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Colonial Cases

R. v. Nagoo, 1839

[stealing in dwelling house - transportation]

R. v. Nagoo

Supreme Court, Bombay
25 March 1839
Source: The Bombay Times, 27 March 1839



Before the Acting Chief Justice.

   The Court re-opened this morning at 10 o'clock for the first time since its adjournment on Friday last, and was occupied will a few minutes past one p.m. with the trial of Pandoo Nagoo for stealing in the dwelling house of a dancing girl at Girgaum.

   From the substance of the evidence it appears that shortly after the last Dewalee holidays the prisoner called to see his brother Bapoo who was in the service of the prosecutrix as a coolie, and, being without employment, obtained permission to reside in the house for a few days. - Having shortly after succeeded in obtaining employment elsewhere the prisoner left the house but generally visited his brother every three or four days.  On Friday evening in in the month of Posh (corresponding to the 10th January last) he called about six o'clock and said that he would remain there for the night as he had leave from his master in consequence of the holidays.  Bapoo then cooked the evening meal, his mistress partook of it and went up stairs to sleep, leaving him and the prisoner below, she had then upon her person all her ornaments consisting of two necklaces, a pair of gold armlets, a pair of earrings, a pair of boogers and one nose-ring, which she took off with the exception of one small necklace, locked them in a box in her bed-chamber and placed the key under her pillow. - Upon awakening next morning about seven o'clock she went below to the cookroom, where Bapoo prepared a hookah for her. - The prosecutrix did not see the prisoner at this time, but only Mahadoo the fiddler whom she called down to smoke also. - She then went to a neighbour's house, in the same range, where she remained about half an hour. - When she returned she found the backdoor fastened so that it could not be opened from without.  She then opened the front door, and entering the house she saw no one in it. - She called for her servant, but received no reply.  She proceeded up stairs, and looked for her key where she had left it, but it was not there.  The box was still locked - Mahadoo who had gone out to make up his turban now came in; and prosecutrix, having by this time come down stairs, desired him to go to the neighbours and procure their keys. - Several were brought, one of which, after many trials, fitted, and the box was opened. - The contents being examined a necklace, an armlet, an earring and anklet were missing. Mahdoo immediately started off in search of the prisoner and Bapoo; and after the lapse of two hours, returned, with several who had accompanied him, having the former in custody.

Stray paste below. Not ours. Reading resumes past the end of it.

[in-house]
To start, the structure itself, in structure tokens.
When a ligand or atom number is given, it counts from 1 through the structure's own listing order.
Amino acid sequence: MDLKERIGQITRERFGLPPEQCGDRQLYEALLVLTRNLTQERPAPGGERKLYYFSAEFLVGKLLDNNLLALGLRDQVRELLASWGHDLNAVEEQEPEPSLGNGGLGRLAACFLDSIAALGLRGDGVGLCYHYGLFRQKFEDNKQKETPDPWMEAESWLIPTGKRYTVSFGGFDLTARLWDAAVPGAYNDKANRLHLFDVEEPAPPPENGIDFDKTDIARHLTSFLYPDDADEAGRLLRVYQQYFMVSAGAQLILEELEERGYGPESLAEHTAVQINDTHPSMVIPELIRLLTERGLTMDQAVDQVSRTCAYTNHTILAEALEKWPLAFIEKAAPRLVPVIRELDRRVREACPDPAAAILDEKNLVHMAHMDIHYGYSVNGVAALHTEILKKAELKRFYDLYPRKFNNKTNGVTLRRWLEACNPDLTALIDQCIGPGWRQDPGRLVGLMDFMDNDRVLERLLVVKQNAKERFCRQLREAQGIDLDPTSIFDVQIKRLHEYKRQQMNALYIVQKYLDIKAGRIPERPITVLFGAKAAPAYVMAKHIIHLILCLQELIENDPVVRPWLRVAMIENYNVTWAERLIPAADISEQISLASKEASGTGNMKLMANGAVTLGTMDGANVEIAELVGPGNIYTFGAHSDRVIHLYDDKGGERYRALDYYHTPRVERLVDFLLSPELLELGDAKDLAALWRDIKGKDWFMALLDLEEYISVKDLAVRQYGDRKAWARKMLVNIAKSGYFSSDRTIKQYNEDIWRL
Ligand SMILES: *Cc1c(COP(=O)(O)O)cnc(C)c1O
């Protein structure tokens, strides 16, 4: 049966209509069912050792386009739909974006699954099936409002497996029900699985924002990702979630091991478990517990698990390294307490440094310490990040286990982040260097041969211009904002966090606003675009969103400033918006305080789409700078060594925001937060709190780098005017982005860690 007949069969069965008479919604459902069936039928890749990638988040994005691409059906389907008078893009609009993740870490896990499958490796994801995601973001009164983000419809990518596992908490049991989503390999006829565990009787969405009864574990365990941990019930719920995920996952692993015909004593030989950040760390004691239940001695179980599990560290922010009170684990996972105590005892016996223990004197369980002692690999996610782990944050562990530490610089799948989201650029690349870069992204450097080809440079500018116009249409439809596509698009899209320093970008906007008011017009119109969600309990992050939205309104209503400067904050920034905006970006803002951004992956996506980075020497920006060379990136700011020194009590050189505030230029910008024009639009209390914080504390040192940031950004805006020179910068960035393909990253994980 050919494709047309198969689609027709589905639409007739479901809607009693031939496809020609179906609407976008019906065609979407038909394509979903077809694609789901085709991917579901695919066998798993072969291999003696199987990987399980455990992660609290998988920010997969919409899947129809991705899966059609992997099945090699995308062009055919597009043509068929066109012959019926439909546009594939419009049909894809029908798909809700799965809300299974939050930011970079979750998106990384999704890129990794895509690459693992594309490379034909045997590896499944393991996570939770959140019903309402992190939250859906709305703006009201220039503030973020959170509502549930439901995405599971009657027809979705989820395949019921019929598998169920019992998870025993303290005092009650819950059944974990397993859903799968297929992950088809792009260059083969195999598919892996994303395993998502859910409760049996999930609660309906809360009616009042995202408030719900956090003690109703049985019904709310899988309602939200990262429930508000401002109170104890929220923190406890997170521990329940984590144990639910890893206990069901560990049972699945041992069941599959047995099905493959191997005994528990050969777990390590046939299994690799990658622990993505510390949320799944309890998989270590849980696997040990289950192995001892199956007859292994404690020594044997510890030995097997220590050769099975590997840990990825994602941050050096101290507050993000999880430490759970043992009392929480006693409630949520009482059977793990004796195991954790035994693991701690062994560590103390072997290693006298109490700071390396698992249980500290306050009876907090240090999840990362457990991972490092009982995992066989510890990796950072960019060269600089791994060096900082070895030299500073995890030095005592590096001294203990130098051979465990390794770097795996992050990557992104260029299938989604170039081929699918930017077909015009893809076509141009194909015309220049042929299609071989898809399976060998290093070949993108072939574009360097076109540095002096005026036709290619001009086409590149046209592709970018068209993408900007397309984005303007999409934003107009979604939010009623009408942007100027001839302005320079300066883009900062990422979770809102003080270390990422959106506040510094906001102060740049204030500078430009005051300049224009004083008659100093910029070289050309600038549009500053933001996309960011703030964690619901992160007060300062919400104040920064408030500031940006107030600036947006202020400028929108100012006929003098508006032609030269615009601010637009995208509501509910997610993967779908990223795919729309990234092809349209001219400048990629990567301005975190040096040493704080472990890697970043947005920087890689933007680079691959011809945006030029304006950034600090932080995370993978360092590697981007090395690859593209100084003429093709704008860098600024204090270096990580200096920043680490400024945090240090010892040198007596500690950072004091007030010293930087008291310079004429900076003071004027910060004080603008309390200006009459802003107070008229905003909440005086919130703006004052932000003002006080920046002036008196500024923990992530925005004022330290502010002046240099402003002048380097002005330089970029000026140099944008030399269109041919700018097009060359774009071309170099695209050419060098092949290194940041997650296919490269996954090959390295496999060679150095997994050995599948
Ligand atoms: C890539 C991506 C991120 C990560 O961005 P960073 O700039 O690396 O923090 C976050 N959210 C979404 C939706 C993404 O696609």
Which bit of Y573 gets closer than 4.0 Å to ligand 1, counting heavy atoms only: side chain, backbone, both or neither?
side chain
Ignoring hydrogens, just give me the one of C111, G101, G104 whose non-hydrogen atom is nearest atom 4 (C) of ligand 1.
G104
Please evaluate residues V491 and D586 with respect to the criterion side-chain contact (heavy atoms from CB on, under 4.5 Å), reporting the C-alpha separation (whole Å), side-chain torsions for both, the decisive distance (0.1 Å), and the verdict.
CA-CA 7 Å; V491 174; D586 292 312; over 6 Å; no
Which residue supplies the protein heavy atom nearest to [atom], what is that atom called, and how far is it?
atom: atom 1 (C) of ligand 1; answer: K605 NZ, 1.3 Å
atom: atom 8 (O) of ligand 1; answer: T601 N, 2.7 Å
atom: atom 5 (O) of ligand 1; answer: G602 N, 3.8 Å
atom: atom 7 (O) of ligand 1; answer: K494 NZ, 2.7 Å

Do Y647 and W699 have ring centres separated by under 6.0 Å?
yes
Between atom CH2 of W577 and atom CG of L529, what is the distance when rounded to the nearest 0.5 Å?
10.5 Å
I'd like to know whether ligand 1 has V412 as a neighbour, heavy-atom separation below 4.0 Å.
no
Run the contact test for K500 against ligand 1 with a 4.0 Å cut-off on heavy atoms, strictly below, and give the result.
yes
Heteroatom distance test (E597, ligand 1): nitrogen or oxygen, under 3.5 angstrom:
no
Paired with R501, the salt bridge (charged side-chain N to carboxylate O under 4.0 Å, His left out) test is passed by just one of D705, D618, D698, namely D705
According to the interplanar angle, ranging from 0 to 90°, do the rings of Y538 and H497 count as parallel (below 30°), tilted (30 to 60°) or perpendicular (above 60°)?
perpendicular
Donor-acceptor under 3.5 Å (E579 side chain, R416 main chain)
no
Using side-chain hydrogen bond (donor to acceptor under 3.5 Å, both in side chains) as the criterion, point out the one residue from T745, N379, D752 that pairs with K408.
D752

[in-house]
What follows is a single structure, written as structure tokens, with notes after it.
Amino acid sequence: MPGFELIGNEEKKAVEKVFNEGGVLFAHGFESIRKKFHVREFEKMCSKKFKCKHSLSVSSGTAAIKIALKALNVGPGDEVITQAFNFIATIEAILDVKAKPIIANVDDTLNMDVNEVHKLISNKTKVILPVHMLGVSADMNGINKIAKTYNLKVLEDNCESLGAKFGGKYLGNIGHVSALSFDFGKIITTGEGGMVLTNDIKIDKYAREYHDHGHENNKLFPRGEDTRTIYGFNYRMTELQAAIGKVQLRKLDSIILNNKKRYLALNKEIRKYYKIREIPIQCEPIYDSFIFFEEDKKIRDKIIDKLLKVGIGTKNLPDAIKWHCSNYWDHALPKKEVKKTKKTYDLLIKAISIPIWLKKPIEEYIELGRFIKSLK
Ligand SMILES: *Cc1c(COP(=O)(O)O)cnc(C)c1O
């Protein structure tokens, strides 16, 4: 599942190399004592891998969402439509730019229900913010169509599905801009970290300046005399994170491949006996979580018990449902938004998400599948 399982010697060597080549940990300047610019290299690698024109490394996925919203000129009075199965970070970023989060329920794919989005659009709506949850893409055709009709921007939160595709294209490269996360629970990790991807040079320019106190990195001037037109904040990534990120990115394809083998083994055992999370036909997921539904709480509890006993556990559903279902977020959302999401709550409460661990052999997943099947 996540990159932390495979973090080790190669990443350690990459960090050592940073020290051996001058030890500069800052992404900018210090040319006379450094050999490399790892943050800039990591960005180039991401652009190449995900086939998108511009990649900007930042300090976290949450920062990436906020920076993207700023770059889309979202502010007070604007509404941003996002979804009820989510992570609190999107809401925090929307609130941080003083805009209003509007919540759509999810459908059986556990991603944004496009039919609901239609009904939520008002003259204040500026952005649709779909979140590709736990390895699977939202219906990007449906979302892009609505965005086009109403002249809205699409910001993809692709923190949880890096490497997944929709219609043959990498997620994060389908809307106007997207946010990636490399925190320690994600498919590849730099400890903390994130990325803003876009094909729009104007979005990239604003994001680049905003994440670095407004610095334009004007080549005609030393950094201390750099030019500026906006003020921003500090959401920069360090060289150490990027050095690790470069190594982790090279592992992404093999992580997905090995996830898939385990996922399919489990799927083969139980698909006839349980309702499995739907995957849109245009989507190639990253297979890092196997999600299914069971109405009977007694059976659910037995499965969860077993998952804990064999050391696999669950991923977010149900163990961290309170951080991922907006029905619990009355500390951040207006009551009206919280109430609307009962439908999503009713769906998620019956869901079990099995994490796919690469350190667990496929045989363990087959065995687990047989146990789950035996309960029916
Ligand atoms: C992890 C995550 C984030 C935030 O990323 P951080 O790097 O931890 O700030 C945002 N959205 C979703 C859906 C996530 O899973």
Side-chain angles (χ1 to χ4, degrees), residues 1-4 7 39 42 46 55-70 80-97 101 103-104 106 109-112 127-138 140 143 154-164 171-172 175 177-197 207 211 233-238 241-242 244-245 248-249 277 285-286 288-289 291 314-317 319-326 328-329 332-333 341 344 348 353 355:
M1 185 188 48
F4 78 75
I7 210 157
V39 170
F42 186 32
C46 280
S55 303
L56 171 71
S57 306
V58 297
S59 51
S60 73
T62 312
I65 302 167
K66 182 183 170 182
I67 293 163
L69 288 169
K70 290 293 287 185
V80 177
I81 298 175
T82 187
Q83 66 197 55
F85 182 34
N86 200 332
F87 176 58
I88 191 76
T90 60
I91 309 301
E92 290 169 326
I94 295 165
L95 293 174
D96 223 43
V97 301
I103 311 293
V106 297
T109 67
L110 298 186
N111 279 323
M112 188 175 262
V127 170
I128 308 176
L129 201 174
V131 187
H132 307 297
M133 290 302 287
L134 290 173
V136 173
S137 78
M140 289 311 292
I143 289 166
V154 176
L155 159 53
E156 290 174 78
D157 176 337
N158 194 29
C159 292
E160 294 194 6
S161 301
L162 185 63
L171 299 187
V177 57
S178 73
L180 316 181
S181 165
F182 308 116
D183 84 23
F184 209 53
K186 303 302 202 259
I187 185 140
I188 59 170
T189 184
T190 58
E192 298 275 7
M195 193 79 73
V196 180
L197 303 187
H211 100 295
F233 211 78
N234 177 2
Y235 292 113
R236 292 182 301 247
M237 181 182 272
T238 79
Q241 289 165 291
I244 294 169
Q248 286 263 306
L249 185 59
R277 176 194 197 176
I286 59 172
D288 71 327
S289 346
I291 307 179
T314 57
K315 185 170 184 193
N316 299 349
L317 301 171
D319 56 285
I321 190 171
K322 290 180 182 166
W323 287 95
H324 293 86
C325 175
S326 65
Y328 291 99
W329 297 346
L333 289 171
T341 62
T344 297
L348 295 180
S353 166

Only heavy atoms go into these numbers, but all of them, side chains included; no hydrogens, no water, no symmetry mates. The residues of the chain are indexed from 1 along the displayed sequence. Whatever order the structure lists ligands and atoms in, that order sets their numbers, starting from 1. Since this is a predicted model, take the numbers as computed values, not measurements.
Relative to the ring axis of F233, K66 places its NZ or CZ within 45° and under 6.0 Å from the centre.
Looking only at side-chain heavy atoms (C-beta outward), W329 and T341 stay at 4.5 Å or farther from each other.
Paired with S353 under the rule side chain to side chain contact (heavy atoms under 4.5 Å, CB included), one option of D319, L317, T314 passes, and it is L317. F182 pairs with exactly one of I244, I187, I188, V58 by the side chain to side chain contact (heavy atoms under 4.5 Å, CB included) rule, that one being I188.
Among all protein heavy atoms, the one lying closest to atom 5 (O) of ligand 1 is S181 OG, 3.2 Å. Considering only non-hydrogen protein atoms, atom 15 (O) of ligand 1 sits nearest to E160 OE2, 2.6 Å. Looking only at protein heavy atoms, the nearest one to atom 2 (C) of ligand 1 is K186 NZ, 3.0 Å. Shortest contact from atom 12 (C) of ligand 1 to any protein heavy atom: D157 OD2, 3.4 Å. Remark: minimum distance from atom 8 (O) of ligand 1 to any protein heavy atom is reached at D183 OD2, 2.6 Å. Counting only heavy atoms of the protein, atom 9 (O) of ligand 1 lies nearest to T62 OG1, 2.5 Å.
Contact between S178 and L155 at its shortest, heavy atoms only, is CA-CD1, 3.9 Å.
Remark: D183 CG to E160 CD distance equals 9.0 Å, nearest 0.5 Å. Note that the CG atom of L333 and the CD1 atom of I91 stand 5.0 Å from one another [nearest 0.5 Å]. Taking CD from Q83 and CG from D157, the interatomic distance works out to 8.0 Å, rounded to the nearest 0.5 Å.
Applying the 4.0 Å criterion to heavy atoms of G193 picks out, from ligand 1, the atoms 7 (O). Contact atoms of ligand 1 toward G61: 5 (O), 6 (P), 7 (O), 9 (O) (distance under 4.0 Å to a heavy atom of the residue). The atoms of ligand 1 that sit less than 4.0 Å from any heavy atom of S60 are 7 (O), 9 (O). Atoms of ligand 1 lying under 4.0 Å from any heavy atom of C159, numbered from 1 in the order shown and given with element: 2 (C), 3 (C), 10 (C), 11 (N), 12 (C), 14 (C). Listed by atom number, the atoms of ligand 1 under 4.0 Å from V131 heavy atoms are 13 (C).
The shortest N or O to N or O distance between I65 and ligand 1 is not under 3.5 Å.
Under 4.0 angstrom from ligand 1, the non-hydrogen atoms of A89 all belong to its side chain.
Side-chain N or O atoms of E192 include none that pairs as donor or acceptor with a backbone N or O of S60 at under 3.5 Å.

The prosecutrix entering into conversation with him, the prisoner produced one earring, an armlet, and the key of a box all of which she knew to be her property.  From an impression that, if she received the articles which were then ion the prisoner's possession, she would be obliged to let him go and thus lose the more valuable ornament which were still unaccounted for, as well as from a wish to have no further trouble about the matter provided she could recover her property, the prosecutrix refused to take what was produced and promised to pay the prisoner the sum of nine Rupees which he demanded as wages due to his brother, if he would recover the remainder for her. - He accordingly took the prosecutrix, Mahdoo, and some others to a house in Nagpara Street where they asked a woman whom they saw there for the ornaments, according to the directions they had received.

   The woman having replied in his hearing that she knew nothing of them, a police sepoy was called in who took him to the Chokie. - Being called upon for his defence the prisoner said that he had no hand in the theft that the portion of the ornaments found in his possession were given to him by his brother from whom he had received them most unwillingly, and that he would readily have given them up to the prosecutrix had she paid him the wages due to his brother as she had promised when he was brought to her house by Mahdoo. -

   The Jury after a very brief consideration found the prisoner GUILTY of stealing in a Dwelling-house. -

   On passing  sentence Sir John AWDRY, observed that whatever might have been the conduct of the prosecution in endeavoring to entice him to give up her property by promising to pay him his brother's wages, it was  quote clear that he had be comer unlawfully possessed of that portion that had been found with him. - Had his brother forced them upon him, as the prisoner said, his first act as an honest man would have been to take the earliest opportunity of returning them without attempting to drive a bargain with the owner. - But his Lordship was clearly of opinion that he had been an accessory to the robbery, if not actually engaged, by conspiring with the servant of the prosecutrix, from his being so shortly found with what clearly seemed to have been given to him as his share of the plunder.

   Although he was comparatively less guilty than the servant who had swerved from his duty to his mistress, still as the prisoner had shown great ingratitude, in robbing a person in whose house he had always received hospitality, his Lordship saw nothing that could induce him to mitigate his punishment to any other than that about to be pronounced.

   The Sentence of the Court was that the Prisoner Pandoo Nagoo be transported to Singapore for the term of 14 years.  The Sessions were then adjourned to Tuesday the 2nd proximo.

Published by Centre for Comparative Law, History and Governance at Macquarie Law School